21 Oct
Days adrift.  Click here to see our best and worst experiences so far.
Number of flights.  Click here to go to the itinerary page.
Bus, train and taxi rides.  Click here to see all posts relating to transport. (56 posts)
Miles walked.  Click here to see all posts relating to walking and trekking. (43 posts)
Countries visited.  Click here to see what we think of them. (14 posts)
Number of species spotted.  Click here to go to our wildlife page.
Photos taken.  Click here to go to the photo gallery. (94 posts)
Rainy days.  Click here to find posts relating to the weather. (50 posts)
Number of times scammed.  Click here to read all about it!  (2 posts)
Otters spotted.  Click here to go to our website about otters: amblonyx.com
...two travellers in search of the world's wildlife

1 September 2010

Dragon’s teeth

Bloody roadworks. They’re doing a lot of work on the roads in South Africa right now, which is great (though personally I find the potholes fun and challenging at 80mph) but they’ve got an annoying habit of working on 5km of road at a time, which means the traffic lights for the roadworks are typically 15-20 minutes of waiting. So today’s journey which should have been 6 hours for 550km ended up 7.5 hours and we arrived at Grasskop by the Blyde River Canyon just in time to grab a place to stay before dark.

So that’s the first day of our travels with nothing but transit, and also the first day when we haven’t seen a new species of mammal or bird. Five weeks with one or more new animals every day is pretty good going. Looking around Grasskop, it feels like we might be back on the tourist trail again.

Glancing at our galleries you could be forgiven for thinking that South Africa is an untouched wilderness, populated by nothing but animals. This isn’t actually true. We’ve driven through villages and townships, past colourfully dressed ladies carrying massive water buckets on their heads and little kids driving cattle down the road with sticks (whether dutifully or just for fun isn’t clear). We’re just not the types to pull over at the roadside and cry “say cheese!” to the locals. It’s a gap in our photo collection, for sure, as the human landscape is every bit as interesting as the wild one. I’m not sure if there’s a principle at work in our reticence, or whether we are just shy and unwilling to take the risk that someone will take offence and the cheerful smiling faces will turn into suspicious scowls.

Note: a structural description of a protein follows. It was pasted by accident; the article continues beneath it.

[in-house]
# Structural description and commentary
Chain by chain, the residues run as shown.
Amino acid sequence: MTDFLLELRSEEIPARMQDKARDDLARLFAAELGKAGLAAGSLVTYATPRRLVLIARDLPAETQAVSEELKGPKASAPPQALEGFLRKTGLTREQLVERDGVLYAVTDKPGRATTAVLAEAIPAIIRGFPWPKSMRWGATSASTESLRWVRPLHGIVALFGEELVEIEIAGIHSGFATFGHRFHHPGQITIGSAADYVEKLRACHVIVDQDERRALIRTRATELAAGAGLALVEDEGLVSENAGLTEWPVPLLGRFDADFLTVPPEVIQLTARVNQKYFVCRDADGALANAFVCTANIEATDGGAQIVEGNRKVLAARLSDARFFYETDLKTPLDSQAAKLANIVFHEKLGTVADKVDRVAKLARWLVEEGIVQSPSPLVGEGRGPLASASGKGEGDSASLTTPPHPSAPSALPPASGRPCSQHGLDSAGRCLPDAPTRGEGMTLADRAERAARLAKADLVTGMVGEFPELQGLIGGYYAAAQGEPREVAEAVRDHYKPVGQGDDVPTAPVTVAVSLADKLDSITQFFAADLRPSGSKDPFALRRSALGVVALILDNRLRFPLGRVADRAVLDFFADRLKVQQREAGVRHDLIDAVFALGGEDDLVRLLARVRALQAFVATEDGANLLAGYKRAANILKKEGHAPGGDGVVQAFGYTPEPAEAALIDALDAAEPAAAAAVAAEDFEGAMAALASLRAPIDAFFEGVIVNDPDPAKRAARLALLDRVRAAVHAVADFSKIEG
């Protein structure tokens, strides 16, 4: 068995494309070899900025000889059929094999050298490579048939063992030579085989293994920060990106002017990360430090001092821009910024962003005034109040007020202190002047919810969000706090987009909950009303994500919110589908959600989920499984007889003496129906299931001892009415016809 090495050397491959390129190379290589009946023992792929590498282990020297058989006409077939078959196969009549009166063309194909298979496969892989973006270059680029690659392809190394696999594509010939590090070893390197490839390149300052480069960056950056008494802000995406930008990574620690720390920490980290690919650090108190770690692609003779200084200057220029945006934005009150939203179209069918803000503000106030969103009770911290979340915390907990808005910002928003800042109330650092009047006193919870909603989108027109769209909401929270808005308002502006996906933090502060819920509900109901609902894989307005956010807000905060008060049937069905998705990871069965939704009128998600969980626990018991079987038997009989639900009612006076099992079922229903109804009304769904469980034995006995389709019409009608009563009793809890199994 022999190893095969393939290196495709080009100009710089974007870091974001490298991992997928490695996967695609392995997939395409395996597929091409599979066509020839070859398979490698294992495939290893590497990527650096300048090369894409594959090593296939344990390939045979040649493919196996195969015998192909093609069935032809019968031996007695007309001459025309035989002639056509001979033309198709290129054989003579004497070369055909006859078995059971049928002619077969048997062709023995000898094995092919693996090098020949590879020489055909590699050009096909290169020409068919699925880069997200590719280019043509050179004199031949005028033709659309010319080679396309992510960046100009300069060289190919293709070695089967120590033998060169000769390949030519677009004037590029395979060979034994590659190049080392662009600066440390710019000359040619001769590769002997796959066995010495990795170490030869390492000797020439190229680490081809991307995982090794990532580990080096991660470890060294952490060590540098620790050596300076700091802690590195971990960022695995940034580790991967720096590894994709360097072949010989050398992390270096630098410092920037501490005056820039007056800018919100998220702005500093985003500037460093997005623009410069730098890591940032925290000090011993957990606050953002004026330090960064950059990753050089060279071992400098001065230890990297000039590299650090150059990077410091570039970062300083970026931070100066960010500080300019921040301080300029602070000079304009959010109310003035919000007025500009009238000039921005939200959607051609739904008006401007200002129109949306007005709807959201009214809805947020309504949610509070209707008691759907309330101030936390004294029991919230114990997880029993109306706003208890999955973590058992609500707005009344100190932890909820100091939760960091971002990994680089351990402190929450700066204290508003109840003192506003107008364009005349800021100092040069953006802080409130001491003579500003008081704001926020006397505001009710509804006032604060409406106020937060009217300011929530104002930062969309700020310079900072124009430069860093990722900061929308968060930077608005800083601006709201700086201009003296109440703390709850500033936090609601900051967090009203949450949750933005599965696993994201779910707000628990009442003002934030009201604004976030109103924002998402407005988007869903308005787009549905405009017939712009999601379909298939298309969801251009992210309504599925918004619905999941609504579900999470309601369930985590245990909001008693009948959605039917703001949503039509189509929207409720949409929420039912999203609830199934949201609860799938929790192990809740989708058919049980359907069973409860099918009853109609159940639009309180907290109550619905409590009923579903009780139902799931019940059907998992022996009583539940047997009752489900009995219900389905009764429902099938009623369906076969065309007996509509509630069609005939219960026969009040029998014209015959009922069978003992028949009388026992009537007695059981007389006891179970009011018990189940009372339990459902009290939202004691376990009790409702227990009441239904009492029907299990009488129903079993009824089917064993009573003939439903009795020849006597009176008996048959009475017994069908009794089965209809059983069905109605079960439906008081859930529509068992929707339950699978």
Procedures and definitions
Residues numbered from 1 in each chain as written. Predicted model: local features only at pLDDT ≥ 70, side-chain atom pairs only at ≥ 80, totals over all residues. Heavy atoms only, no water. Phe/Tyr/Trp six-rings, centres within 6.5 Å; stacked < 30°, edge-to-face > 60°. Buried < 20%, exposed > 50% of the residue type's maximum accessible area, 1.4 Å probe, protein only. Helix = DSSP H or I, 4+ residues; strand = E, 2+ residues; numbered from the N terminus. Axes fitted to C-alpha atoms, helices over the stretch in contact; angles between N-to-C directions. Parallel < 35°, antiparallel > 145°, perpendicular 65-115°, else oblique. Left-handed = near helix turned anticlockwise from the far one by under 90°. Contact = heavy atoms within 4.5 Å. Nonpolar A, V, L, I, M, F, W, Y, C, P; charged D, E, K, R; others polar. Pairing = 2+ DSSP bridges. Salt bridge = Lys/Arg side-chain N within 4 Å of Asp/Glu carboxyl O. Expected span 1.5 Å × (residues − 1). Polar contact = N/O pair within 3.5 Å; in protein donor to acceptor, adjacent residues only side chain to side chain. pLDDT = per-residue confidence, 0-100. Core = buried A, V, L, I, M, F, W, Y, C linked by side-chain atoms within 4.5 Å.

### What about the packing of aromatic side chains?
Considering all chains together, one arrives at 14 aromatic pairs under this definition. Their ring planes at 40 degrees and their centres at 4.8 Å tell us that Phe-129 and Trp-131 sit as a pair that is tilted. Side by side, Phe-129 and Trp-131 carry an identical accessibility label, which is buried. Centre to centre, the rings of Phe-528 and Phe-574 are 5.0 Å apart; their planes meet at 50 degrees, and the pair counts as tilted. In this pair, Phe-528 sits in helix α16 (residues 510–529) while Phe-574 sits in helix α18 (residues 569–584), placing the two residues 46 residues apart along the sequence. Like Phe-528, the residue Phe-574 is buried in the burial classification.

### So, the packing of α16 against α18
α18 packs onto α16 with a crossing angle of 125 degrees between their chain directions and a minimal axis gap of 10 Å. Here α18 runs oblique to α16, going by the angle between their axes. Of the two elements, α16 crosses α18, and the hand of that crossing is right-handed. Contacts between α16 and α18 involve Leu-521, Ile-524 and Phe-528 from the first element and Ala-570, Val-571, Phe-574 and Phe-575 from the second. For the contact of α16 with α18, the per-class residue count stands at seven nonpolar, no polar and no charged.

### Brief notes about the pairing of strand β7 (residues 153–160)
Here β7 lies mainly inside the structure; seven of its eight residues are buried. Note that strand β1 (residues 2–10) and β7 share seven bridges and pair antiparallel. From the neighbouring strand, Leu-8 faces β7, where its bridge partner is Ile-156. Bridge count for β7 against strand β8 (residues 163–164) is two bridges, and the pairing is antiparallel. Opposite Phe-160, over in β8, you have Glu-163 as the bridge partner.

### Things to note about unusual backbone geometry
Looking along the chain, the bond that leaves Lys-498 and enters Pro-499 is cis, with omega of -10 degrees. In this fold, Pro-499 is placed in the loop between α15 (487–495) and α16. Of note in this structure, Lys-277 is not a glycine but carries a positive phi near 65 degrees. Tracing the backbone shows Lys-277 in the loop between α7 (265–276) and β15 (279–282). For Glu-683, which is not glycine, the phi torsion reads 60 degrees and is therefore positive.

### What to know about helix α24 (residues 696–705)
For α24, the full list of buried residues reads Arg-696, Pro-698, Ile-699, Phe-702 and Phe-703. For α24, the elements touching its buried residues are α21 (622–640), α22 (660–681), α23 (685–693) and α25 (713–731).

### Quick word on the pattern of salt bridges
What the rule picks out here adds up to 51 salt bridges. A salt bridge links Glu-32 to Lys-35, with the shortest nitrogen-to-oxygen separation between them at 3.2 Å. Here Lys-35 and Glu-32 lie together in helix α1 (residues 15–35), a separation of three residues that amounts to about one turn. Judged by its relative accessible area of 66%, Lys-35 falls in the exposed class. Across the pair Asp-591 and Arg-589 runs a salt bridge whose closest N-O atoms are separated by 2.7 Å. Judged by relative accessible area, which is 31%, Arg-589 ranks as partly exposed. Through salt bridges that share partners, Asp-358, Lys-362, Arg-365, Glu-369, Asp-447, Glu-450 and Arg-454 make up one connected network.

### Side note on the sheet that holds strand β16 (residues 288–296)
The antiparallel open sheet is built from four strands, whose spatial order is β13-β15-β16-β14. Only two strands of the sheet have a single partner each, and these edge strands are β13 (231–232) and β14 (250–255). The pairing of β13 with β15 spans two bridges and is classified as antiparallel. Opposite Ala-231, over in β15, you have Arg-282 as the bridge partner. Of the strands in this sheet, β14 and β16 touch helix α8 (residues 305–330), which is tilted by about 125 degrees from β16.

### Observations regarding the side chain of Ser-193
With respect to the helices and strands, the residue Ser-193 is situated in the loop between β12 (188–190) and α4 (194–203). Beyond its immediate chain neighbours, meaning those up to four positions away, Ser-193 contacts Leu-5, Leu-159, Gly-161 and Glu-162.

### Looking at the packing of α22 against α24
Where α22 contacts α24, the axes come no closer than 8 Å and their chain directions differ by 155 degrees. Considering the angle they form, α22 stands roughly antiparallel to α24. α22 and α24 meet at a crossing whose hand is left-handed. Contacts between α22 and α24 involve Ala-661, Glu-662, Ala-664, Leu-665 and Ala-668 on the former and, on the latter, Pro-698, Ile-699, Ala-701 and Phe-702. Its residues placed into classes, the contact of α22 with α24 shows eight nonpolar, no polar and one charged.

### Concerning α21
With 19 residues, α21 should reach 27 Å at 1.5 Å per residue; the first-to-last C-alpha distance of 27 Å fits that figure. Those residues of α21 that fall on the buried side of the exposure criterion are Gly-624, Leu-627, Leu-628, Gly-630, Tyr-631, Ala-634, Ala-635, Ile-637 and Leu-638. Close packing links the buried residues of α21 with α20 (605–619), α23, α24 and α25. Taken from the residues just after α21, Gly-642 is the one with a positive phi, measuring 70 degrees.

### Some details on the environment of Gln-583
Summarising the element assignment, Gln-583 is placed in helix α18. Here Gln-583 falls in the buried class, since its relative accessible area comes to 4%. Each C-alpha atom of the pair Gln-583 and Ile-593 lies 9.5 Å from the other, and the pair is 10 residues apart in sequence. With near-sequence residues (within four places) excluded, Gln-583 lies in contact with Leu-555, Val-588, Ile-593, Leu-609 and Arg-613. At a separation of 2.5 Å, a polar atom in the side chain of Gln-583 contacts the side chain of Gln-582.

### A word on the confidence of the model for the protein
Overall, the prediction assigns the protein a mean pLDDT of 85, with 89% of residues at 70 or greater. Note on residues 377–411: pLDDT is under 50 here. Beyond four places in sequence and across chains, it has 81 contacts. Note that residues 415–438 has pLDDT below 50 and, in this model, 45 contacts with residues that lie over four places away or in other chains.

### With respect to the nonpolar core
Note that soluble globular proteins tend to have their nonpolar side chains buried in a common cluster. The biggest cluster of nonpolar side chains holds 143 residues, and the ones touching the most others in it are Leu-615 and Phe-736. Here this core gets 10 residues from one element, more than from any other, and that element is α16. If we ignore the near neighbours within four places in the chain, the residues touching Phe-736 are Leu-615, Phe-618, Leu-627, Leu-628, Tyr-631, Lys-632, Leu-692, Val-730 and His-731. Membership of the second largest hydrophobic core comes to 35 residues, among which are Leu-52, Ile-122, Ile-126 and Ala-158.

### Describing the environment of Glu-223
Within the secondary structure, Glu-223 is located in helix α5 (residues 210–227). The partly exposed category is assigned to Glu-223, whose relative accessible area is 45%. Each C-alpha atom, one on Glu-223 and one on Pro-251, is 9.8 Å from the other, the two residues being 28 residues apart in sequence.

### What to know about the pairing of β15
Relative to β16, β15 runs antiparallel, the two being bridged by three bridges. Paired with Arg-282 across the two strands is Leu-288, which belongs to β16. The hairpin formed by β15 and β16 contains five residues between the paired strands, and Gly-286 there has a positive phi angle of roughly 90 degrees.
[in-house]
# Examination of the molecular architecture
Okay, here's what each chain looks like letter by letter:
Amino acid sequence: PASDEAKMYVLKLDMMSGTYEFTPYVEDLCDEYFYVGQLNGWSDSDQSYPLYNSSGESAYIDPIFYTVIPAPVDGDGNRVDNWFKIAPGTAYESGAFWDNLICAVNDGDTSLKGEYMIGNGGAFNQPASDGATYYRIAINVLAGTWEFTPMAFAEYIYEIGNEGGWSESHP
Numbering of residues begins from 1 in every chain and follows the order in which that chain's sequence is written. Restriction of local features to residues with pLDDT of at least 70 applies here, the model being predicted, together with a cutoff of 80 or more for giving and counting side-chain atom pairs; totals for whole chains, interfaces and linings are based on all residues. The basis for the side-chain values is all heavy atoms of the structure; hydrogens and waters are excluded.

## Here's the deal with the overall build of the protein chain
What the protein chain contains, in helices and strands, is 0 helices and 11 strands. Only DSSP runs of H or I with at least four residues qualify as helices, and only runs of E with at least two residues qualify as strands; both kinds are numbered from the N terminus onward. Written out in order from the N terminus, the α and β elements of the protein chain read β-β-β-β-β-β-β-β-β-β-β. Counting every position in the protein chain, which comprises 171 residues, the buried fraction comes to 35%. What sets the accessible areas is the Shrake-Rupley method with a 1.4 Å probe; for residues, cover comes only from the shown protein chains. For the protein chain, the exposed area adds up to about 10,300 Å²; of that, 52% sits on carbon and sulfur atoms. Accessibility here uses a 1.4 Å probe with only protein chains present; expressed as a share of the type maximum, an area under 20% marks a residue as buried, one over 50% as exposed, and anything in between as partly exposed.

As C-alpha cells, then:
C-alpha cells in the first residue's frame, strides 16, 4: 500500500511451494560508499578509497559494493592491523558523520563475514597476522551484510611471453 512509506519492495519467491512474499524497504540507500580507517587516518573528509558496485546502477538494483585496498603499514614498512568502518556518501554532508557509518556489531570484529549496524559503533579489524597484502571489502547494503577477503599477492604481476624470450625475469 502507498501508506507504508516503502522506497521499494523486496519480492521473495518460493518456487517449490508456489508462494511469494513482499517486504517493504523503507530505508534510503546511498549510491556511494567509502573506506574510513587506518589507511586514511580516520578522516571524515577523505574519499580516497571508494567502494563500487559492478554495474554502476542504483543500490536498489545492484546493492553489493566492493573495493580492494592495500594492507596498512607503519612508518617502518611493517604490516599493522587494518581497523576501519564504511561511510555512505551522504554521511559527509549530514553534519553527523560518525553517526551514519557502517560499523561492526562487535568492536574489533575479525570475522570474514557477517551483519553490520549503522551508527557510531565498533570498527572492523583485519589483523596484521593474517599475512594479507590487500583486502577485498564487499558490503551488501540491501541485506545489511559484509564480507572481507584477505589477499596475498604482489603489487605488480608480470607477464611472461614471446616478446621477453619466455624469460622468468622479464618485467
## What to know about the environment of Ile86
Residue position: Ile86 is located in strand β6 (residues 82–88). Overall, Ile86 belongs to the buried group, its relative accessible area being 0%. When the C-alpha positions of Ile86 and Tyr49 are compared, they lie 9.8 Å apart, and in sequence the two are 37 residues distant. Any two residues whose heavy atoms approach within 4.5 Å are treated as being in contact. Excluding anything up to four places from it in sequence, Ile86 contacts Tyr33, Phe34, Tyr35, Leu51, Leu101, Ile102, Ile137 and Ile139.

Champagne CastleBack finally to the title of the post. The dragon’s teeth refer to the Drakensbergs, a fairly awesome range of mountains we have been hiking in for a couple of days. Like all mountain ranges, these have a character all to themselves. The main string of peaks looks simply like a massive wall of impassable rock, guarding the tiny mountain kingdom of Lesotho against allcomers. Of the two areas we tried – Monk’s Cowl and Cathedral Peak – the latter is more impressive for its mountain scenery and the isolation of the Cathedral Peak Hotel at the head of the valley. For our budget, it was an expensive night, but as part of a holiday it really wouldn’t break the bank and it’s in a truly epic location.

Berg adderOh yeah, and I got ankle-butted by a puffadder who was probably hoping to sink his fangs into me, so that’s one up on Maureen for snake stories!

2 Responses to “Dragon’s teeth”

  1. Nessa says:

    Where are you??? Missing your blogs! x

    • shortclaws says:

      We’ve been in the Kruger, where there isn’t any internet (heathens!). So expect some blog posts soon. But not tonight – we’ve spent the whole day on the road, so it’s early to bed! Hope you’re both well and doing fun stuff. : )

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